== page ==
It all started one fateful evening when Cartier invited Yasmine Sabri to attend a glittering launch in Dubai. After a whirlwind two-and-a-half-year journey since the Egyptian actor joined the Cartier family and made history as the first Middle Eastern woman to collaborate with the French jeweler – “Inshallah, it’s not going to be the last” – Sabri is now making her mark as the first woman from the region to star in one of the brand’s global film campaigns.
Launching the latest Panthère collection, the film, called Into the Wild, welcomes Sabri into a close-knit community of muses – model Mariacarla Boscono, actors Annabelle Wallis, Ella Balinska, Chang Chen, and singer Karen Mok – who unite in reflecting the fierce yet feminine character emblematic of the wild cat. First appearing on a watch in 1914, the panther has since become synonymous with the storied French house. Its creator, Jeanne Toussaint, not only established a longstanding legacy of elegant and audacious designs for Cartier but was the first in an exclusive tribe of women exuding the fierce spirit and quiet strength of the rare and elusive feline.
Jetting off to Paris to shoot with German filmmaker Jonas Lindstroem for 14 hours straight “has been the highlight of my year,” remarks Sabri as she anxiously awaits to see the final film, scheduled to debut this month at airports and Cartier boutiques around the world. “I can’t wait to see it in front of my eyes.”
A self-proclaimed “cat person,” Sabri shares that the latest Panthère timepiece, with a price tag of AED 1.8 million, is her favorite from the upcoming collection. The masterpiece is laden with glittering diamonds and green emeralds in an artisanal interpretation of the signature panther. “You have to go somewhere incredible with it,” she says. “I stand out and I don’t belong to any crowd. I’m strong, I’m independent, I’m beautiful, I’m wild, I’m irreplaceable.”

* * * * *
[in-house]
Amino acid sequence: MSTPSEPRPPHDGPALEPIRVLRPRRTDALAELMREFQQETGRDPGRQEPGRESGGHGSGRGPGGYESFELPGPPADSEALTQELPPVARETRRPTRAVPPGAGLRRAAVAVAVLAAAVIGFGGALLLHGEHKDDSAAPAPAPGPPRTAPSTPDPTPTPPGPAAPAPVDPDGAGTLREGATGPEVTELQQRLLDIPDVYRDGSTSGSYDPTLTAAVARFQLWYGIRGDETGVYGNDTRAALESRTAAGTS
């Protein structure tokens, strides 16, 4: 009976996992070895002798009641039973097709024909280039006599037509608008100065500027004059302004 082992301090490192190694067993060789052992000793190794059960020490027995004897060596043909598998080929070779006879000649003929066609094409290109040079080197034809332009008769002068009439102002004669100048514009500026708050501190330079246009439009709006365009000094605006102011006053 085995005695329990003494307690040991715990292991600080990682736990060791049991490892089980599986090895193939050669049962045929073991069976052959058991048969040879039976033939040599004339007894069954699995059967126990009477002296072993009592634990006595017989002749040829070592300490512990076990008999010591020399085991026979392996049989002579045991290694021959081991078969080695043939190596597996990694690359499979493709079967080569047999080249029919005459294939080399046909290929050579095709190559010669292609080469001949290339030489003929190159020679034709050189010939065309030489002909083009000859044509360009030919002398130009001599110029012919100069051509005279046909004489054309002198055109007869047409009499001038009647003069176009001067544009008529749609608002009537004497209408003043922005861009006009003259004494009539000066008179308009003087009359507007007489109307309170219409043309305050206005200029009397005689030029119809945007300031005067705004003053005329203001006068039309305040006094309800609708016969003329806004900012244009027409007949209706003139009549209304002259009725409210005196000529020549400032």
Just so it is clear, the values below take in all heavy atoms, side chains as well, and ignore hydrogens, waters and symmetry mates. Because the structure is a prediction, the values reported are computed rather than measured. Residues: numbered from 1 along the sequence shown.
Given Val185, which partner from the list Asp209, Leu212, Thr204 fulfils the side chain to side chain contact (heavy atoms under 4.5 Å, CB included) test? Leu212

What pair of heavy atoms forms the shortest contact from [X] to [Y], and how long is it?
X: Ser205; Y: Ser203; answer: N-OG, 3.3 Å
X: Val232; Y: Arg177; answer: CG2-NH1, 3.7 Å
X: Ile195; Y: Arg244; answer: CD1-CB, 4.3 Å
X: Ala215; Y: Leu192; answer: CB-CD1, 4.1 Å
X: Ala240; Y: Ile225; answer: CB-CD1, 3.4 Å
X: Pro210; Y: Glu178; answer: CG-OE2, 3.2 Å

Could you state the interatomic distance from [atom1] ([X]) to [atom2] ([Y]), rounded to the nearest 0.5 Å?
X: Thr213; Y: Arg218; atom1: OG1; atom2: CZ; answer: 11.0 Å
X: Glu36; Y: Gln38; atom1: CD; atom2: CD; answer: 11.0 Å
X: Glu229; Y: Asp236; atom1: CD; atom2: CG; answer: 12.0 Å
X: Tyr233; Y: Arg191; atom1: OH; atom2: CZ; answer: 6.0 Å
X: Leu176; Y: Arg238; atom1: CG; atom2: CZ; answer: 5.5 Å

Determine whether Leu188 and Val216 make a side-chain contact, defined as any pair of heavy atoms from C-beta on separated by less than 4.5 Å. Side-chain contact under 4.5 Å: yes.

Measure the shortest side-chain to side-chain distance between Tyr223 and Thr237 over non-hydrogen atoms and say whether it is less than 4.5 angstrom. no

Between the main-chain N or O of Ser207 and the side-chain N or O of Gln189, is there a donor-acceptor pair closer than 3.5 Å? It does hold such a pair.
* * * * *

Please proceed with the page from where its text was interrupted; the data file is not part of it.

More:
Not only does Sabri feel this way when wearing the watch, but the dazzling piece also complements the charisma of a “Panthère woman.” “Sometimes men think if a woman is too strong, too masculine, she’s not as feminine, but that’s also represented in the watch. You can look so feminine and so elegant, but you’re still a strong, independent woman and you know your worth,” she says. “An empowered woman is worth everything. She has to believe that about herself.”
While Sabri considers that she has achieved gender equality on an individual level by turning down projects that threaten to pigeon-hole her–instead accepting roles like Dalida, a woman whose life radically changes after witnessing a murder in the Ramadan series Hekayti–she considers that Arab cinema and the Middle East overall is still replete with women lacking empowerment. “I think we, as Arab women, should always try to inspire others, be good role models, and help women specifically to be empowered and to believe in themselves and to feel like we are worthy.”
The industry may be championing inclusivity in theory, but Sabri has yet to see enough campaigns embracing casts of culturally diverse women. “You’re setting an example to the people who are watching: you can be this and that but we all represent the same thing–women empowerment.”
While Sabri may be the first to represent the Arab world with Cartier, her introspective journey reminds her not to take the privilege lightly. “It’s such an honor and I’m so proud. I hope I can represent the women of the Middle East in the most beautiful, elite, and prestigious way possible,” she says. “It makes me feel like I have been doing something right, like I have been thinking the right way because I’ve had these kinds of results.
Originally published in the January 2020 issue of Vogue Arabia